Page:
New Apple Technology Could Prevent Videos and Photos at Concerts
Apple has just been awarded a patent on a new technology that could be used to prevent fans from taking photos and videos at live concert events.
Pitchfork reports that Apple first applied for the patent in 2009. The proposed technology would allow Apple to begin manufacturing a sophisticated camera compatible with Apple devices that would be able to detect not only visible light, but also infrared data. That could potentially be used to disable the device's recording capabilities.
As the New York Times reported in 2011, the technology has practical applications in fighting piracy for the film and concert businesses. The venue could simply emit an infrared signal from the screen or from the stage of a concert that would alert the device to disable its recording capabilities, which would prevent recording movies or live events and violating copyrights by sharing them online.
The actual patent filing includes an illustration of a band performing onstage, while a camera screen reads, "Recording disabled." The technology could be used to block iPhones and other Apple devices from taking photos or videos not only at theaters and concerts, but in other sensitive areas.
The technology also has more user-friendly applications; for instance, the patent says it could be helpful in a setting like a museum, where the infrared signal could automatically send information about an exhibit to an Apple device.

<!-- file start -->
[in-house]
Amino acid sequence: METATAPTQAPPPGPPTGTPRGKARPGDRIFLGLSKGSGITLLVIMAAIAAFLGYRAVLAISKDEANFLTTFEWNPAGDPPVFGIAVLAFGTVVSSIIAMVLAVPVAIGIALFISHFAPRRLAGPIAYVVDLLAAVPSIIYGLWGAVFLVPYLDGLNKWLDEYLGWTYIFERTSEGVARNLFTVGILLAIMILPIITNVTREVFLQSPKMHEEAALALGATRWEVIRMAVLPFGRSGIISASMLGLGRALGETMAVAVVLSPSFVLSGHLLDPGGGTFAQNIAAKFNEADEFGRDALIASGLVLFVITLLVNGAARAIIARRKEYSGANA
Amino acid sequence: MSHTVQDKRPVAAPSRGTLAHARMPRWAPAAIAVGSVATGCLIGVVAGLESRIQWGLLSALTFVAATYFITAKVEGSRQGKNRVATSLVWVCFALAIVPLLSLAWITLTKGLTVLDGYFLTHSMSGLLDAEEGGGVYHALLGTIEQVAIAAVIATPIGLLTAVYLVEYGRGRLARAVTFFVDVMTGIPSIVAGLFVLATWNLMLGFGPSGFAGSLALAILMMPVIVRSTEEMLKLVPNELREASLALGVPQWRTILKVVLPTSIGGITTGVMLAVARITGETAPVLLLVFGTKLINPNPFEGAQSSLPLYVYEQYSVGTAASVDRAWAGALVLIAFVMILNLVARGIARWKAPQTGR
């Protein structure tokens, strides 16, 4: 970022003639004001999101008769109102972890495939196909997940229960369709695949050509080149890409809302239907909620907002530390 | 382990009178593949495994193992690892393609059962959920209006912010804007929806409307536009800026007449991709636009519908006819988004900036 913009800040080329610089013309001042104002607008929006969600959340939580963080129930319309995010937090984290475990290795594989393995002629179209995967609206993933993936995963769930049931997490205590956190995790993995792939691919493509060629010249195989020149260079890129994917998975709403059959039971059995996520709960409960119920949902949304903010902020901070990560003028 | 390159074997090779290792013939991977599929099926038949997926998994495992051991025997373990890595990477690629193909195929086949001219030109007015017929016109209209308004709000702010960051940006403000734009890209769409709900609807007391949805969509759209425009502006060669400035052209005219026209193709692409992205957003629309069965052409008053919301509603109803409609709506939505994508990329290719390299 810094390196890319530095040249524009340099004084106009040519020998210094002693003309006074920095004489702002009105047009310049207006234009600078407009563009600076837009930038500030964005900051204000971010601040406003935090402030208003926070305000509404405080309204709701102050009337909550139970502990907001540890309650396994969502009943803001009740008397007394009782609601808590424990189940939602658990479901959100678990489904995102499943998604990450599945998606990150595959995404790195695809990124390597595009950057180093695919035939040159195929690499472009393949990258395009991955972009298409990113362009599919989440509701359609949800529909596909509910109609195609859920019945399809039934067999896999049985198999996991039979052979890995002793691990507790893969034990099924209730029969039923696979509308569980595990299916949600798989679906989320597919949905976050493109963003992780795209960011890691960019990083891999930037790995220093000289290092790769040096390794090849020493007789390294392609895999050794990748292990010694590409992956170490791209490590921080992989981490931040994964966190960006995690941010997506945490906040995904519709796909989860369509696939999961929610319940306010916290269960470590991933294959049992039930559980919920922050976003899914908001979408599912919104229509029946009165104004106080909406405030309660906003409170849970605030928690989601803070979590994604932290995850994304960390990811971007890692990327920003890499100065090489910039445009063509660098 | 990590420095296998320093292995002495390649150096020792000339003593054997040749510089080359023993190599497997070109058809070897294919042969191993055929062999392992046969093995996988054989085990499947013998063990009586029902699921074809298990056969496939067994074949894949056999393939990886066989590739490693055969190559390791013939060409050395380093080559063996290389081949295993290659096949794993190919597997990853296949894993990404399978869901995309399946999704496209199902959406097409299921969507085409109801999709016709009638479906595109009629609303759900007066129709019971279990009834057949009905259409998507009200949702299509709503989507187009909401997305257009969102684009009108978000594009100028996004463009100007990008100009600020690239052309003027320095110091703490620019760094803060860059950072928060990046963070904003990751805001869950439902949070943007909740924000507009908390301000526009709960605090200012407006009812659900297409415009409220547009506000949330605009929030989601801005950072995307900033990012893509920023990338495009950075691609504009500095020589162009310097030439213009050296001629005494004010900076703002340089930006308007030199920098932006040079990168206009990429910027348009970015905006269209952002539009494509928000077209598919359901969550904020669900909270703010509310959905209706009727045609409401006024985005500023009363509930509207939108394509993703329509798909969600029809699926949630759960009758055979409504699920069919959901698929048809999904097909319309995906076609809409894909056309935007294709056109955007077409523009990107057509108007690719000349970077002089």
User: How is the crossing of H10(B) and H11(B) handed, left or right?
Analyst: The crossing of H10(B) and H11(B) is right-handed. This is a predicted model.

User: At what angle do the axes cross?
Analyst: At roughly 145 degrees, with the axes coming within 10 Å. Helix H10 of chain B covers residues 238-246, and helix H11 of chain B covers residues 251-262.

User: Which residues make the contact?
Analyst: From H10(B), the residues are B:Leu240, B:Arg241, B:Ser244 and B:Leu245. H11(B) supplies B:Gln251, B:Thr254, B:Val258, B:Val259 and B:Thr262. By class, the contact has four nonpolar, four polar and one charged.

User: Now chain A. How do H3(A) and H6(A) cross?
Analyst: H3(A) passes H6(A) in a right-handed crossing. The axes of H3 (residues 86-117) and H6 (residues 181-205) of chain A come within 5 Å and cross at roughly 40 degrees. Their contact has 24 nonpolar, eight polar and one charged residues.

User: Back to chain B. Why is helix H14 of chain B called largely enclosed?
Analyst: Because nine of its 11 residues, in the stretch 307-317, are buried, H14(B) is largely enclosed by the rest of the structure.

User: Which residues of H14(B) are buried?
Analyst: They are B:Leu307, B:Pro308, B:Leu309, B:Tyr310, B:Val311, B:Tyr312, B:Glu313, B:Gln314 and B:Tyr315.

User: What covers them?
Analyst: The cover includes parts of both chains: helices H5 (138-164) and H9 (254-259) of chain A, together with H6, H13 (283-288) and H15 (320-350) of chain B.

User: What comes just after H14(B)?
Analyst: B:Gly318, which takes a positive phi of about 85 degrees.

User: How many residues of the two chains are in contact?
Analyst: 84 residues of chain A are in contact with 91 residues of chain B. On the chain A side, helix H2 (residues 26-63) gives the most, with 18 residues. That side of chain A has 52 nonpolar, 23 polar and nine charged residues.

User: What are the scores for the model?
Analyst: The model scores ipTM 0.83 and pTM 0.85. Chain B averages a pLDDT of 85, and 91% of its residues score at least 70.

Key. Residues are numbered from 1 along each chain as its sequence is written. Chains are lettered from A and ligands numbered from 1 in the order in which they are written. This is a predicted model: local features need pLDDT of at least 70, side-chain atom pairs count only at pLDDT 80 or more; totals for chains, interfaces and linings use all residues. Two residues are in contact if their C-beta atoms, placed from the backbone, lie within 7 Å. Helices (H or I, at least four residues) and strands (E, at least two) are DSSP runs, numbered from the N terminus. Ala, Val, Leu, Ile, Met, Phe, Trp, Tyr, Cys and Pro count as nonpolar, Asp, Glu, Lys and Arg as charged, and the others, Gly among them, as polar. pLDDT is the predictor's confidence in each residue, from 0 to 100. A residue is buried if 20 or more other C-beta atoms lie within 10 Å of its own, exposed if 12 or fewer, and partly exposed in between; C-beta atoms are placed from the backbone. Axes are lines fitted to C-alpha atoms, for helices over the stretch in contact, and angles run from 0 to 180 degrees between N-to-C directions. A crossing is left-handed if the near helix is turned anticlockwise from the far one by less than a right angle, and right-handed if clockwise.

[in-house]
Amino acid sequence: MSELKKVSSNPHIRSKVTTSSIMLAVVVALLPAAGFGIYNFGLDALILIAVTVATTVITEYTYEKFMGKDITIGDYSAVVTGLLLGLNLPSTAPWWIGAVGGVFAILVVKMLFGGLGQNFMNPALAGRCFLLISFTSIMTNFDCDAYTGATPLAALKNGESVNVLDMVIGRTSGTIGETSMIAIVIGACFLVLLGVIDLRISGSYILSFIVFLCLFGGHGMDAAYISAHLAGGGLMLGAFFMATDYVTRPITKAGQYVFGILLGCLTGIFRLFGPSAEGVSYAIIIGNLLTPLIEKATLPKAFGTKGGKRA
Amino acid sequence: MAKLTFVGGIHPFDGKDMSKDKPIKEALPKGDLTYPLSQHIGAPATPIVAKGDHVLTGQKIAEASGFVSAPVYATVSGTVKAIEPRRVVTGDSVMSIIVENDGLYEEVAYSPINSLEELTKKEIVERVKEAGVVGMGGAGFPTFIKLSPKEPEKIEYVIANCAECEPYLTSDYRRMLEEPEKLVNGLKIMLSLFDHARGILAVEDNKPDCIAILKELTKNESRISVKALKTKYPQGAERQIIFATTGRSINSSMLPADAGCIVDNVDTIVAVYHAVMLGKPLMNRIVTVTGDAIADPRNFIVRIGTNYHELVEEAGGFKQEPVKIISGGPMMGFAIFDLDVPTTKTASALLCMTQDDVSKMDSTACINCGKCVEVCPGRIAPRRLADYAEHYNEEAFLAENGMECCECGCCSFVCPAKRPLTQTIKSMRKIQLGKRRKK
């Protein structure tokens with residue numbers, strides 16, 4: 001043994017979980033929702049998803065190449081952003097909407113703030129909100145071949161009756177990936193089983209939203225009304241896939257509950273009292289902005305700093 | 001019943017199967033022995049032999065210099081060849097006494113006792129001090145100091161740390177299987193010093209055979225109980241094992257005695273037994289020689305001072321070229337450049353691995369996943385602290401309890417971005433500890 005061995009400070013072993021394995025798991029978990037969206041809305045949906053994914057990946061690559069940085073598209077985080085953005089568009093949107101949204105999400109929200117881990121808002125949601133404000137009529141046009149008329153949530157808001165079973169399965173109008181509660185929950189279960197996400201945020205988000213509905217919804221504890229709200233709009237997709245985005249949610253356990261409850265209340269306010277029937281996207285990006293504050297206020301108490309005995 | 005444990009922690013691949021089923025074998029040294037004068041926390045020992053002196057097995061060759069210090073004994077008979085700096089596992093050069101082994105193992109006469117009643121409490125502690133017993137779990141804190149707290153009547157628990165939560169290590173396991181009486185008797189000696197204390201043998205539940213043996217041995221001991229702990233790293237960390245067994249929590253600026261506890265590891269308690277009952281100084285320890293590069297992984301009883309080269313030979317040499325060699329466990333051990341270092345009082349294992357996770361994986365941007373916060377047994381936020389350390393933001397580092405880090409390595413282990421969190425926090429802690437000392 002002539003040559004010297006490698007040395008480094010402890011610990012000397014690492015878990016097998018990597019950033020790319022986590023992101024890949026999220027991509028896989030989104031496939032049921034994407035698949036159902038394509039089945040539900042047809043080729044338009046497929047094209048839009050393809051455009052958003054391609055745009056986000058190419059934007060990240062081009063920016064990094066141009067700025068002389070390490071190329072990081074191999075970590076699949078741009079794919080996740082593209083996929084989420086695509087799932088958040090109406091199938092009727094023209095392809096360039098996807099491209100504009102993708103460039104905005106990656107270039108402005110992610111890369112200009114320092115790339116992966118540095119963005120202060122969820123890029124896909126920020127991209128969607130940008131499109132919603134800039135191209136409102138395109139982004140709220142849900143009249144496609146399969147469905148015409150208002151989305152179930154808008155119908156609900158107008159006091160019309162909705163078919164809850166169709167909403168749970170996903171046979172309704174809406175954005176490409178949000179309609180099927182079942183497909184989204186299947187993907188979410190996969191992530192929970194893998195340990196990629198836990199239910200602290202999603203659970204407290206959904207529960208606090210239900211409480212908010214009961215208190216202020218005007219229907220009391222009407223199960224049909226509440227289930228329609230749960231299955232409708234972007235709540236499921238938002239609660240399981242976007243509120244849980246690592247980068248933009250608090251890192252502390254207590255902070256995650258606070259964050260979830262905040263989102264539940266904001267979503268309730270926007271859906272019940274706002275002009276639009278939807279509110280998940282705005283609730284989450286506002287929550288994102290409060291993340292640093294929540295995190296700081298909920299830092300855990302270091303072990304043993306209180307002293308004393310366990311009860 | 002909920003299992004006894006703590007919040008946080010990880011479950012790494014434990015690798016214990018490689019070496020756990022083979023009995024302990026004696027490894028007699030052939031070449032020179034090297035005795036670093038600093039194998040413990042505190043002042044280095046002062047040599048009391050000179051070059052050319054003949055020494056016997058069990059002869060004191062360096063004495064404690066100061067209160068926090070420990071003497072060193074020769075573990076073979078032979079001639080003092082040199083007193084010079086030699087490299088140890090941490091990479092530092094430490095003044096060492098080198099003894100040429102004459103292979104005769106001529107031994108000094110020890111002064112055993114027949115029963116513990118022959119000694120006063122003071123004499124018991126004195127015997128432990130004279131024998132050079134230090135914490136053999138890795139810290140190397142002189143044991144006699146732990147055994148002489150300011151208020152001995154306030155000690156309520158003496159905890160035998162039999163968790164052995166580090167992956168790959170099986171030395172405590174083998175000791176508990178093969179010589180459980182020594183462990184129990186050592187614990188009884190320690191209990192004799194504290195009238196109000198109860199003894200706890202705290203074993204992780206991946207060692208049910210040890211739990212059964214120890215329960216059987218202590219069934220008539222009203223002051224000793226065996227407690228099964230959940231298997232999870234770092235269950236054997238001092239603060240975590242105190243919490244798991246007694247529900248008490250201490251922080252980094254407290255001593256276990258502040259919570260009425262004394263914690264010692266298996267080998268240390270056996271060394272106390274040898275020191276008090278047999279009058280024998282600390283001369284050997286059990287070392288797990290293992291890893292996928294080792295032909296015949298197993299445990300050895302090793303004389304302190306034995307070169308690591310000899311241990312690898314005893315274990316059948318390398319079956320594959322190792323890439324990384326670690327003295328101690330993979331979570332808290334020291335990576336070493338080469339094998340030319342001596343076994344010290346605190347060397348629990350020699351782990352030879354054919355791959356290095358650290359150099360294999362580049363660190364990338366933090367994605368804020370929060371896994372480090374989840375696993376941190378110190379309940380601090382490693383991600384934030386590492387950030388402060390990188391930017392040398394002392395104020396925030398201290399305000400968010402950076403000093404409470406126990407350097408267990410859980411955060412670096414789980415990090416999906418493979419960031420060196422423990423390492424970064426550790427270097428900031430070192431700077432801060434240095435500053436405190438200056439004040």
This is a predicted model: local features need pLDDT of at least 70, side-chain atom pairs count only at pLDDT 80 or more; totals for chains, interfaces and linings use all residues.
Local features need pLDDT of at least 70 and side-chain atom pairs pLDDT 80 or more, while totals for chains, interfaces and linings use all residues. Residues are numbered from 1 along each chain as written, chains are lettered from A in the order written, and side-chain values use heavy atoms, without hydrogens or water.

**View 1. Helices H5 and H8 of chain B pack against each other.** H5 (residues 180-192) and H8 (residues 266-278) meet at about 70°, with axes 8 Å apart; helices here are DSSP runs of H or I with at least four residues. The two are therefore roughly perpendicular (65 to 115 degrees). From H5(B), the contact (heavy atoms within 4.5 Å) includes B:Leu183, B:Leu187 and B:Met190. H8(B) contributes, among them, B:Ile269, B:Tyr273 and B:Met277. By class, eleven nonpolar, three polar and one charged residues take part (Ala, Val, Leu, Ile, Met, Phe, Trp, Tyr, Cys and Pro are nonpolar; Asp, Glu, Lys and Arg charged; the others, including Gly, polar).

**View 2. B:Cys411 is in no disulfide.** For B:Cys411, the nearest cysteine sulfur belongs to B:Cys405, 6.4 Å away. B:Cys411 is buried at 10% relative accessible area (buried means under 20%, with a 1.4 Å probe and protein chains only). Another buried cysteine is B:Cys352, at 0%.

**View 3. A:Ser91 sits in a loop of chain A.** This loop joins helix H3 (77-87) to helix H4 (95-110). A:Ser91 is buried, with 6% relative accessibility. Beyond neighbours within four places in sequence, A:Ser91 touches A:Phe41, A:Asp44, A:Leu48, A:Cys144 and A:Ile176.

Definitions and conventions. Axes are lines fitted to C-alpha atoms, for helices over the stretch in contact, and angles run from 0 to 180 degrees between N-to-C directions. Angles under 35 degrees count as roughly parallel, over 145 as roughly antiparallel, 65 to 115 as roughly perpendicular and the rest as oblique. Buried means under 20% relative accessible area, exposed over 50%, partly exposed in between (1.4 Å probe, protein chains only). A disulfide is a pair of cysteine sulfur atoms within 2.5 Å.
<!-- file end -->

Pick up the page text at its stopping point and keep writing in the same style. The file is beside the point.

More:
While many performers don't mind or even encourage social media sharing at their concerts, others dislike it and have tried to fight it over the years. Kellie Pickler is among the artists who object to photos and videos at live shows.
“There is no eye contact anymore,” the singer says. “At my concerts when I’m performing, sometimes all I notice are people’s phones. It’s very distracting. I think about the people who paid all this money to be in the front row, and they’re holding up their phones. They could have sat at home and watched me on YouTube.”
Pitchfork points out that many new patented technologies never actually come to market. Apple declined comment when Pitchfork reached out.
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